Thomas Mann, Gustav von Aschenbach, Benjamin Britten, united in a common interest, one the expression of which is still taboo, yet which Mann succeeded in writing a bestseller about, and Britten his last testament. Mann surmounted the interest, just, by fantasising and remaining amazed that people actually ‘do it’, if his reaction to Gore Vidal’s The City and the Pillar is anything to go by.
Aschenbach is so enthralled that he dies rather than separating from his pubescent beloved, and never has the courage to speak to him. About Britten things are still a bit unclear, and are likely to remain so. What astonishes is that Mann’s story has been an accepted masterpiece since it was published — even the Nazis didn’t round on it, though they proscribed him in general. Yet if Aschenbach had elicited any glimmer of response from Tadzio, even a rapid embrace, he would be regarded as one of the most appalling villains in literature, and Death in Venice would be an expensive rarity on AbeBooks. Mann pulled it off partly thanks to his gorgeous prose, partly by immersing his hero’s desire in elaborate philosophising, with quasi-Platonic musings on the nature of Beauty, and the whole exciting dialectic of Dionysus and Apollo; while Britten renders Apollo almost sexless by having him sung by a countertenor, and his Dionysus has to employ the same singer who takes the parts of the dirty old man on the boat, the dubious singer, the slimy barber, and so on.
The book is virtually a monologue, or an account of Aschenbach’s inner life, which sets an obvious problem for Britten and his librettist Myfanwy Piper, which they can’t be said to have solved. Aschenbach indulges in lengthy but not particularly coherent ramblings about how tired he is, how he feels about Venice, and above all how he feels about Tadzio. His ramblings can’t be as long or analytic as they are in the novella, so they are confusing and disjointed, and might as well be spoken; certainly they have no musical interest. So all the sung exchanges in the opera are peripheral, though the hotel manager and the rest contribute to Aschenbach’s decline. Thanks to the large number of recalcitrant features of the opera, Aschenbach’s frustration becomes the audience’s, though not in the intended way. There is the additional problem that the opera of agonised longing had been written almost 120 years earlier by Wagner, with whom competition would be vain.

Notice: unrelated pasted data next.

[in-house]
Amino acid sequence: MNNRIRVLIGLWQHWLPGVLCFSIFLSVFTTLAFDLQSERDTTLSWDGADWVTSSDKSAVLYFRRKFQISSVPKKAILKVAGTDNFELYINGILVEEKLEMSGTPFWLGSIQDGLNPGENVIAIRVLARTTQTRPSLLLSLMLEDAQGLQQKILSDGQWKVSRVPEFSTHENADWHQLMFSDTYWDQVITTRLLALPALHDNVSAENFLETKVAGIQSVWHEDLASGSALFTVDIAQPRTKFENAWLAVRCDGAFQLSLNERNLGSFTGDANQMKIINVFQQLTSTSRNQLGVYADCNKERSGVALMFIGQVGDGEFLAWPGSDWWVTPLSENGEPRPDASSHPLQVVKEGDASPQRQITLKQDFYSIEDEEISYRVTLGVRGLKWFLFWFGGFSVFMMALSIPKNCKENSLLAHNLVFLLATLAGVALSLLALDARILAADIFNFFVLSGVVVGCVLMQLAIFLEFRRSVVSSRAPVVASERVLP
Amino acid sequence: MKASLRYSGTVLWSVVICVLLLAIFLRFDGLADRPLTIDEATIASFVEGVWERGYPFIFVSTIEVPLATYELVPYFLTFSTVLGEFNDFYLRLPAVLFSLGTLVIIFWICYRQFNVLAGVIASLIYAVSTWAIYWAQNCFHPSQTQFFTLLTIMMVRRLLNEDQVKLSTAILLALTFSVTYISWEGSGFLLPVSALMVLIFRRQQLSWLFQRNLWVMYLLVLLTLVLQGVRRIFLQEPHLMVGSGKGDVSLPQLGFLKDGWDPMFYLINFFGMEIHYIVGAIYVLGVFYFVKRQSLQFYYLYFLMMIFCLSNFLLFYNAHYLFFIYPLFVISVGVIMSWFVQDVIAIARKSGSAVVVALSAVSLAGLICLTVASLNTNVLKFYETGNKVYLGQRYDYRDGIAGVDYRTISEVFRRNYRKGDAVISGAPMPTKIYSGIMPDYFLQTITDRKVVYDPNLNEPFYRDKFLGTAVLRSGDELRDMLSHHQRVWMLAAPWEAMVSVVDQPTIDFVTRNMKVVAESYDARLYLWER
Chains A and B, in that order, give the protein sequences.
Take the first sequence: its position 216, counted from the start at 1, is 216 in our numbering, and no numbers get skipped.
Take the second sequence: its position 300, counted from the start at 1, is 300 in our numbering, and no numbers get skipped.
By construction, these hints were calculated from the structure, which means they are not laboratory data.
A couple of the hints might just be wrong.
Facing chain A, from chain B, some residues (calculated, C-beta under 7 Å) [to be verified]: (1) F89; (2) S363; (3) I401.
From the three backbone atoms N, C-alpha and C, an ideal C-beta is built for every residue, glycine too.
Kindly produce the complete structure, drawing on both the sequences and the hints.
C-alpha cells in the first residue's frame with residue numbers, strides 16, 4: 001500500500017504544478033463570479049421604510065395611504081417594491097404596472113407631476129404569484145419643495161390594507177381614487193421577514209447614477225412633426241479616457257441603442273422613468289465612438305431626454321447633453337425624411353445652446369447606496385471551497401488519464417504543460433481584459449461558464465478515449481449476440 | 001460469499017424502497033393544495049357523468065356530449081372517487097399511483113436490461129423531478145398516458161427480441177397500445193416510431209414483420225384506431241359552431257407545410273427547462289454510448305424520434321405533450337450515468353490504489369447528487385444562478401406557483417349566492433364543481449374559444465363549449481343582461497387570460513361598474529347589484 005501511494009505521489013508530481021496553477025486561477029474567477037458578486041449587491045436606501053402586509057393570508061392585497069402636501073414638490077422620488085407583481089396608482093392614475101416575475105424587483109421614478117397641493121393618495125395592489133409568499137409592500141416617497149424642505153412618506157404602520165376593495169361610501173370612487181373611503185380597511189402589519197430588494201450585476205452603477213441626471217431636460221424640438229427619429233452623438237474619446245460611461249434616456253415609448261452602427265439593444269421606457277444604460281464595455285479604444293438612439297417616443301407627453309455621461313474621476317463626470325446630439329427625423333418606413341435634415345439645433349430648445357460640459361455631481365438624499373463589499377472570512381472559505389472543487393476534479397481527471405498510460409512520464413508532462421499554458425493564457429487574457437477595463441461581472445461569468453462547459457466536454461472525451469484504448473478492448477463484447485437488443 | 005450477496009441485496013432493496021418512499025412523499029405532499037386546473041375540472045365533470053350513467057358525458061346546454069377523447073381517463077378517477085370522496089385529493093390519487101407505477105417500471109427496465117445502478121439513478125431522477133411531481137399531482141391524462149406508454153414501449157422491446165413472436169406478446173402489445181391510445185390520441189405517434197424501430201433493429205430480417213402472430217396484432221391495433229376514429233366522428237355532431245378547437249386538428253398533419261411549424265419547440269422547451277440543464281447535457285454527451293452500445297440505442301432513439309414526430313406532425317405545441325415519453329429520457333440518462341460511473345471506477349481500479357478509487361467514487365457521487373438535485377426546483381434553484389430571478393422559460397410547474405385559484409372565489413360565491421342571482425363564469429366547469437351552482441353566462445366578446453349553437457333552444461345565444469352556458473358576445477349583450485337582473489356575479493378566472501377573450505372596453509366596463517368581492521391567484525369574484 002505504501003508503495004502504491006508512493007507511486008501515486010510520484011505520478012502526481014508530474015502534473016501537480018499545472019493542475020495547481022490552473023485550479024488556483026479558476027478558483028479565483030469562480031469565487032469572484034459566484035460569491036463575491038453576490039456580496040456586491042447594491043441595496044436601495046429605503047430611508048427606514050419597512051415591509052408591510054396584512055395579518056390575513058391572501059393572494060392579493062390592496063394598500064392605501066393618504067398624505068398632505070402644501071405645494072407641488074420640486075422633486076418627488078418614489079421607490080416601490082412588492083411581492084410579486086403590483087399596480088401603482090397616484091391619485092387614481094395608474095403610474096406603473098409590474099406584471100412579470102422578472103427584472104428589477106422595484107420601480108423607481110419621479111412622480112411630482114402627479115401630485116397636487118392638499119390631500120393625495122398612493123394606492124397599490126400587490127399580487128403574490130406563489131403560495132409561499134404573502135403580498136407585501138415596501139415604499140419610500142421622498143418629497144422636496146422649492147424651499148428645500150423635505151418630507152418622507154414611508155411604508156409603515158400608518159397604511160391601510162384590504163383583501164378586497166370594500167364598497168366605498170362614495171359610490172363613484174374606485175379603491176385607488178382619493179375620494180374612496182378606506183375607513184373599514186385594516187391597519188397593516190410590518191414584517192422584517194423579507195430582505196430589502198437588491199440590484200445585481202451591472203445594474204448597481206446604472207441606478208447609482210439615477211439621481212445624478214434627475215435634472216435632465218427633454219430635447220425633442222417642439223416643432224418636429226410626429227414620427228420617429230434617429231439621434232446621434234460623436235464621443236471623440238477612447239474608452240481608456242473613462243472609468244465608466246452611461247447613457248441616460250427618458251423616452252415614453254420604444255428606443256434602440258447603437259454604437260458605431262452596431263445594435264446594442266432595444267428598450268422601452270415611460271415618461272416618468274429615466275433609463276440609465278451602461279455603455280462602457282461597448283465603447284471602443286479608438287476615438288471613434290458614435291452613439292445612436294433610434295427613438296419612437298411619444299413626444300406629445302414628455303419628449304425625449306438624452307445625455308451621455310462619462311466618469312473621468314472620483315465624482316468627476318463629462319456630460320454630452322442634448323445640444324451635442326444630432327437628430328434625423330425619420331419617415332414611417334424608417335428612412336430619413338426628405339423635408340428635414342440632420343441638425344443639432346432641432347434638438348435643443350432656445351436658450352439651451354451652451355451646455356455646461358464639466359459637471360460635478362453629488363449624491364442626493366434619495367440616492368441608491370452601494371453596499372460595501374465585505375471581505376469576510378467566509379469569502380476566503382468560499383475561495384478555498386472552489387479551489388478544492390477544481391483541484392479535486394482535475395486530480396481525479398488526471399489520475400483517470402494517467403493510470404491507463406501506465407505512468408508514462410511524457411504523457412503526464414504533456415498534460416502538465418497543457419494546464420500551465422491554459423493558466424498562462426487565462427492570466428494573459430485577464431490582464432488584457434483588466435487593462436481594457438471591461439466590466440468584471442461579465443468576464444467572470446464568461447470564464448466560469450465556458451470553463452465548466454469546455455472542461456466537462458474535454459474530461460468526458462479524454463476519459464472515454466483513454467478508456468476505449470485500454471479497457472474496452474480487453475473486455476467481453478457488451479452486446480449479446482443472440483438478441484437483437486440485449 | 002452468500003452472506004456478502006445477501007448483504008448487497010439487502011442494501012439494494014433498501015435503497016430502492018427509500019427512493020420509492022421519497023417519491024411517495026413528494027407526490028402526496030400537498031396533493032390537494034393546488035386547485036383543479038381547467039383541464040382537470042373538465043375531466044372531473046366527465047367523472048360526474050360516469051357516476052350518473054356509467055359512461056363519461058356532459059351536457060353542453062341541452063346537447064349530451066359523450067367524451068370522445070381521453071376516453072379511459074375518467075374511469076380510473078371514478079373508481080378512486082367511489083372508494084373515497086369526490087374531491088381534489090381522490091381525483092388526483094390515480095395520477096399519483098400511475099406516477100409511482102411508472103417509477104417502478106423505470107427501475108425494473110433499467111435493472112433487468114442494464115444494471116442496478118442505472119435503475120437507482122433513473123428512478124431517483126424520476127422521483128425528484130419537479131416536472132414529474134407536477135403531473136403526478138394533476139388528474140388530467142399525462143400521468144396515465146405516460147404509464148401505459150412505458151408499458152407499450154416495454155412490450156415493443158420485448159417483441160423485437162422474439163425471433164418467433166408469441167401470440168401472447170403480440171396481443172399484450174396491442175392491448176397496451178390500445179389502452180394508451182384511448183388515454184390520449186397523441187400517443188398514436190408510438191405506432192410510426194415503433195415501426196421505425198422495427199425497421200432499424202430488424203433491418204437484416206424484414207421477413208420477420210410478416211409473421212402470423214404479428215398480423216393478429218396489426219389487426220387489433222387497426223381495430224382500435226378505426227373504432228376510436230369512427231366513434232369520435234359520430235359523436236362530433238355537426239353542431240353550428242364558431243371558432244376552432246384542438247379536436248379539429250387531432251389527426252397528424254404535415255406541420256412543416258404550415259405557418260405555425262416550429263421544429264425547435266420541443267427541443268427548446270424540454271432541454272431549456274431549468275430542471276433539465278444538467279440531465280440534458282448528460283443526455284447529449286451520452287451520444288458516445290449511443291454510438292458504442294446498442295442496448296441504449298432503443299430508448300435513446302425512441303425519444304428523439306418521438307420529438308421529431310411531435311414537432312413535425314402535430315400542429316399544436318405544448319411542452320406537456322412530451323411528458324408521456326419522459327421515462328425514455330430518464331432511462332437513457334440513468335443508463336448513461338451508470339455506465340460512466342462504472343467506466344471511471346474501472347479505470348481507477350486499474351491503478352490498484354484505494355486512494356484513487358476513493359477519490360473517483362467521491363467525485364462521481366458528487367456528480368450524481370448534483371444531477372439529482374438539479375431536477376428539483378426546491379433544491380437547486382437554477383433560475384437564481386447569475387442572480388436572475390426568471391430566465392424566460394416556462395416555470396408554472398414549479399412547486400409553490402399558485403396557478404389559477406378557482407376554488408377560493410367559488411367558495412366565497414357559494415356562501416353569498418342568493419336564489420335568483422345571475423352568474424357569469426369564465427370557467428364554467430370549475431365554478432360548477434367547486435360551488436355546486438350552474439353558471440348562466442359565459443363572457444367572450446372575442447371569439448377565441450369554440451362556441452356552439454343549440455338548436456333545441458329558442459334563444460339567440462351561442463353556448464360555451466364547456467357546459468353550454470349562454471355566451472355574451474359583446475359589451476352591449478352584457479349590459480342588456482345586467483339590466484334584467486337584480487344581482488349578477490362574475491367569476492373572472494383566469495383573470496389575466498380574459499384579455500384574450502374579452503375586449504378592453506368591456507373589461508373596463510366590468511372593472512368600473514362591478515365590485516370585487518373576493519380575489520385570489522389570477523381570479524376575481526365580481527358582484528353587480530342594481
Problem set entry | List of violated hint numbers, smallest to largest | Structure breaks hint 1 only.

It is enormously to the credit of all the performers and the ‘creative team’ that ENO’s production of Death in Venice is such a gripping evening. Deborah Warner’s production is everything that a production should be, with Tom Pye’s settings ideally atmospheric, uncluttered, dedicated to focusing on what matters in the work. John Graham-Hall, like his great predecessor Ian Bostridge, is too young to be a convincing Aschenbach, but he makes the most of what isn’t a wholly grateful role, though whether Aschenbach should be so inveterately irritable as this is a question.
Andrew Shore, as one would expect, is brilliant in his seven unsavoury roles. The musical inspiration that Edward Gardner discovers and imparts struck me as even more impressive than it had first time round; he is clearly one of the foremost opera conductors of our time.
Nothing much can be done to rescue the school sports day atmosphere of the closing part of Act I, with an insufficiently wan Tadzio taking all the prizes. And surely it must be agreed that Britten’s inspiration flags in Act I much more than in Act II, to a worrying extent. Once Aschenbach’s downhill trajectory gathers momentum and the atmosphere of sickliness and collapse intensifies, the thinness of much of the music strikes one as conveying the exhaustion within the work, and not, as sometimes previously, the exhaustion of the work. I doubt whether many of the Britten year celebrations will be as impressive as this.
I couldn’t resist revisiting the Welsh National Opera’s Lohengrin in Birmingham, and if anything found it still finer than I had in Cardiff a few days before. What struck me more forcefully is the magnificence of Peter Wedd’s embodiment of the title role. How often does a singer wholly identify with a character? Wedd has everything: an arresting presence, a fine appearance — he’s a Max von Sydow lookalike — and the musicality to make the most of this wonderful but difficult and quite short role.
He is by no means the only reason, but he is the chief one, why this production should be preserved for posterity. But Lothar Koenigs, who has previously struck me as a decent Wagnerian conductor, not a special one, ignites this Lohengrin from the incandescent Prelude onwards. And Emma Bell’s Elsa also seemed even finer, more inward, than it had in Cardiff. I’m certain, alas, that not many of the Wagner celebrations will be as impressive as this.